News & Media

Around Richmond, Markham known as more than a spotter

April 30, 2011, David Caraviello,

RICHMOND, Va. -- Curtis Markham hasn't raced regularly in years, but when he shows up to compete at a short track in central Virginia, people still take notice. That much was evident after Markham's qualifying lap for Denny Hamlin's late model charity event at Richmond International Raceway, when a fan approached him with a stack of autograph cards bearing images of the driver alongside some of his old cars.

There he was with the No. 7 Skoal Bandit Pontiac, which Markham drove for owner Quint Boisvert. There he was with the No. 63 Lysol car, which he wheeled for owner Hubert Hensley. They were vehicles Markham competed in on the then-Busch Series in the early- to mid-1990s, NASCAR entries long ago obscured by time. But here in central Virginia, where Markham was a local hero who used his short-track success as a springboard into the sport's national levels, they still remember.

"I'm real happy with the way things went for me. I only have one eye, so a lot of people were scared to give me a chance. I understand that. Having the success I've had in racing, I'm just tickled."


"I've had a lot of people say they remember me from back when I raced," said Markham, who shook more than his share of hands on pit road prior to Thursday's event benefiting Hamlin's foundation. "We're having a good time."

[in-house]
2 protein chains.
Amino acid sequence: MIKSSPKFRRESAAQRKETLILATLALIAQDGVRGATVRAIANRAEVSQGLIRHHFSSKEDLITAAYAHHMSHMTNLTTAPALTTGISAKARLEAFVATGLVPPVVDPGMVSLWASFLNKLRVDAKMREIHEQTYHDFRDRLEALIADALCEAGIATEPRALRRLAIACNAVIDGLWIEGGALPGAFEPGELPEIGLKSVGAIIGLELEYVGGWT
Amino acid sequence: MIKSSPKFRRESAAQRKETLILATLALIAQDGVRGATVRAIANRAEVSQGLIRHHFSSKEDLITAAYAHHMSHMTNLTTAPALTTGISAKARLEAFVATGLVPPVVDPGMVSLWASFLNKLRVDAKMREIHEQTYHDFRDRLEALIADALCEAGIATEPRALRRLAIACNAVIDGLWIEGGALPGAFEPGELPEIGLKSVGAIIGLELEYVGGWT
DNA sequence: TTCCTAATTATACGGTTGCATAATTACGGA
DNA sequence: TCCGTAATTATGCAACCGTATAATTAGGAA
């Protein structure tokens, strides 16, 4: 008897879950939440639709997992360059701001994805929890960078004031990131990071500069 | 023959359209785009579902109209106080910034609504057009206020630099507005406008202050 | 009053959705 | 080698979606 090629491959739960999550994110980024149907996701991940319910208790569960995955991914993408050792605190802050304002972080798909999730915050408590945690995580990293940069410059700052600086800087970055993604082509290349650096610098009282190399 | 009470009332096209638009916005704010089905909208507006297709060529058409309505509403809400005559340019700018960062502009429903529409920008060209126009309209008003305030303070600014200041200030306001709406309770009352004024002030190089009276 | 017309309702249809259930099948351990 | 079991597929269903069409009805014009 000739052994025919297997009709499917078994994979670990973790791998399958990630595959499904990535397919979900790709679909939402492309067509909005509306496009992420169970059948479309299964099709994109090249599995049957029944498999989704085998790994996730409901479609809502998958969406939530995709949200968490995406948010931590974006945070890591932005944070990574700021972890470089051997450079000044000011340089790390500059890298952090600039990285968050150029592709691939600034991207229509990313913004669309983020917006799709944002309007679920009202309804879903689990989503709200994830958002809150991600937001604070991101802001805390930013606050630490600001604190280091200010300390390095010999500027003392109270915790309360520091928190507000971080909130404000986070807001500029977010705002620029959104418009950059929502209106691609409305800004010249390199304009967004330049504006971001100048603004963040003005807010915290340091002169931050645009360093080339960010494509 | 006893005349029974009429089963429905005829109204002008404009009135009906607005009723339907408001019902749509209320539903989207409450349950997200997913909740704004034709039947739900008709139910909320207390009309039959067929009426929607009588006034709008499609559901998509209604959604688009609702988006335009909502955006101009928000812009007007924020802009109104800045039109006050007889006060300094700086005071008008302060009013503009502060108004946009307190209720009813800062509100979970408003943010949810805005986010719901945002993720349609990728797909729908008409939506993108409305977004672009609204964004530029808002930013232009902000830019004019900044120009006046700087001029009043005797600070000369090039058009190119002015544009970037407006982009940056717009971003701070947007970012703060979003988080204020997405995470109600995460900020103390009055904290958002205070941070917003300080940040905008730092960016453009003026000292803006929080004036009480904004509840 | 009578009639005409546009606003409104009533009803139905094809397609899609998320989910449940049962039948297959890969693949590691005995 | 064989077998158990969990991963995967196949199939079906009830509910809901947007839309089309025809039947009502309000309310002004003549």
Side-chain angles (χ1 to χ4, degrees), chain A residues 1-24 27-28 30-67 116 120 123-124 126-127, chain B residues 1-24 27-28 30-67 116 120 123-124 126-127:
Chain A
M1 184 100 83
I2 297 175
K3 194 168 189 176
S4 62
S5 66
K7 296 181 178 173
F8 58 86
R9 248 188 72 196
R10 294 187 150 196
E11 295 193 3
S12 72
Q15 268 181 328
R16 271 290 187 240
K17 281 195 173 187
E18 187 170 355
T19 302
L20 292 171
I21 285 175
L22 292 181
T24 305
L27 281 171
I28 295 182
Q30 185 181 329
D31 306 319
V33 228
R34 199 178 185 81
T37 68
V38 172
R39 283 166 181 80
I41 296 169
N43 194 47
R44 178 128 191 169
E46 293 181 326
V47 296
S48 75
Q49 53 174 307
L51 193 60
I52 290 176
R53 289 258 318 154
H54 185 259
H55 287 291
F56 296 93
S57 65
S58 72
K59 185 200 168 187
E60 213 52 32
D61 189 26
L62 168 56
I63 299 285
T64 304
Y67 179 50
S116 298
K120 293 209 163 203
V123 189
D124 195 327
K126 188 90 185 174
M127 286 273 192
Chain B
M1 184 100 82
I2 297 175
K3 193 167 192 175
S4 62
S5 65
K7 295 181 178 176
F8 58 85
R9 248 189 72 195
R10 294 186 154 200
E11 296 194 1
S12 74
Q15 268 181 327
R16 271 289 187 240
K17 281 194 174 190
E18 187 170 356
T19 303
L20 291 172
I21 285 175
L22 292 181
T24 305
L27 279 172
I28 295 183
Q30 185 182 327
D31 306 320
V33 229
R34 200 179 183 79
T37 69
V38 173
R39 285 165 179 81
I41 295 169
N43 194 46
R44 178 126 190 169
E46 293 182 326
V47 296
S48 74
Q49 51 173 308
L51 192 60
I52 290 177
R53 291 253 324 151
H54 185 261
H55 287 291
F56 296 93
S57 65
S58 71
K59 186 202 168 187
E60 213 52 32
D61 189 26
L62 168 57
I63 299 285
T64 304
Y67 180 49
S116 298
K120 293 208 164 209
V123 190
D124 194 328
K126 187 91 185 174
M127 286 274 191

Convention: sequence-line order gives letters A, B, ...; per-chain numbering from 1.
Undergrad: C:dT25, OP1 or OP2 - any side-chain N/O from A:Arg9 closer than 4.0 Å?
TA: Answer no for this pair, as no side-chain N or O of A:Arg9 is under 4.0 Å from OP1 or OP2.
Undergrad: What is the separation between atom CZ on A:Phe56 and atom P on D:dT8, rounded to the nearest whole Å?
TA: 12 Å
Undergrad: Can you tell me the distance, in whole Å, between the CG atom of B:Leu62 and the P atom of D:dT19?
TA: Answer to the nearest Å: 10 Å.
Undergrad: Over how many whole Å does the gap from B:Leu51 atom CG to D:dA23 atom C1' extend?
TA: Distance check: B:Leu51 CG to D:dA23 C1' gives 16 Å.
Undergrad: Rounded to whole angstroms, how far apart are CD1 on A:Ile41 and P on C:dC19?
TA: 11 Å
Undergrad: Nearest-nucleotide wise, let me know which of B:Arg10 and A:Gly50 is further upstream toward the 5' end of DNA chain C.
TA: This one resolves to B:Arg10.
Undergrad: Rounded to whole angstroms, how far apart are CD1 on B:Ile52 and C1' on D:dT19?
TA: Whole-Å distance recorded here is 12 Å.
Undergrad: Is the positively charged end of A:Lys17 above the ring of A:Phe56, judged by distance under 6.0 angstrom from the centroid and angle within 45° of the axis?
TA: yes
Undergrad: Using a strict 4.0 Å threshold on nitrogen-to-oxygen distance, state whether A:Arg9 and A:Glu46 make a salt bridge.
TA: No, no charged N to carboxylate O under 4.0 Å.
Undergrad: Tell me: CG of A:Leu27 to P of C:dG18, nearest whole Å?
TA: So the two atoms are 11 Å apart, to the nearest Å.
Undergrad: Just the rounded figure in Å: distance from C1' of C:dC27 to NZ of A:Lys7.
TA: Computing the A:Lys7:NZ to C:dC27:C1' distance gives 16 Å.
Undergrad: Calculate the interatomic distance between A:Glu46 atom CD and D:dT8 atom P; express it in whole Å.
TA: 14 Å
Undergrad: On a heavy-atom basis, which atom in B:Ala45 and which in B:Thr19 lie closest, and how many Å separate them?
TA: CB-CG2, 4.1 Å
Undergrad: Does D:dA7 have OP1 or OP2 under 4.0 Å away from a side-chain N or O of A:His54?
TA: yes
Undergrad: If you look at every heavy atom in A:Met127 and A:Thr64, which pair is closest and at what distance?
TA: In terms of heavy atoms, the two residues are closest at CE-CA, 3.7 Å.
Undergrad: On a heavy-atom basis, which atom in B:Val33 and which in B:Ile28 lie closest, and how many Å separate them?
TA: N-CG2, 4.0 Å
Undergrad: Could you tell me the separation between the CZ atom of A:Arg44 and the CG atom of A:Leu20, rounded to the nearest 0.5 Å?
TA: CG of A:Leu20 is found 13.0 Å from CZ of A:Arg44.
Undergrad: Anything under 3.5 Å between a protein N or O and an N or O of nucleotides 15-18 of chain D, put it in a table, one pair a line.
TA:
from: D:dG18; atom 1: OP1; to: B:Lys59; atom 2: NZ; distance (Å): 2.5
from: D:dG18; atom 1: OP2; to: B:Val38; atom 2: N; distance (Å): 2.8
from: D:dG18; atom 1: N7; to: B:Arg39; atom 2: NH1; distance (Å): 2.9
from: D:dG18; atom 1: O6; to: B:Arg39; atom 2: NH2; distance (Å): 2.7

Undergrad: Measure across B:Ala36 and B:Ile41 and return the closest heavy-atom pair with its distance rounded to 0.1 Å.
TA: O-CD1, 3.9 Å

Hamlin's late model charity event was studded with star drivers, from his Joe Gibbs Racing teammates Kyle Busch and Joey Logano to Bill Elliott, Michael Waltrip, Travis Pastrana and Tony Stewart. But in this part of the world, few current or former drivers have accomplished more than Markham, who these days is best known as Hamlin's spotter on the Sprint Cup tour. But before that he was a dominant driver on Virginia short tracks, winning four track championships and countless late model features at facilities like Southside, South Boston and Old Dominion.

Now 51, Markham doesn't race regularly anymore. His appearance in Hamlin's annual charity event, which moved from Southside to the big speedway this season, is his one stint behind the wheel each year. But he still gets recognized, even if he was wearing the firesuit of Hamlin's Sprint Cup mechanic Rick Bray, the last name on the back blotted out by a strip of black tape.

"I'm enjoying myself," said Markham, who was born in Richmond and now calls Fredericksburg, Va., his home. "I haven't been on this race track since 1999. It was a Busch race, a Nationwide race now. It just feels different. I've gotten used to watching it from the spotter's stand, but it's a whole different perspective you have actually driving. Now, to come out here and drive again -- I've got new things to holler at Denny about."

Markham's second career as a spotter began shortly after Gibbs started his Nationwide program, when the former short-track ace was brought on board as a driving coach. His prized student was unearthed on a cold day at Hickory (N.C.) Motor Speedway in late 2003, when Markham was Gibbs' point man at a test of some equipment the organization had purchased for the diversity program it ran with late NFL great Reggie White. The cars came from the stable of renowned Virginia late model owner Jim Dean, who sent along one of his drivers to shake them down.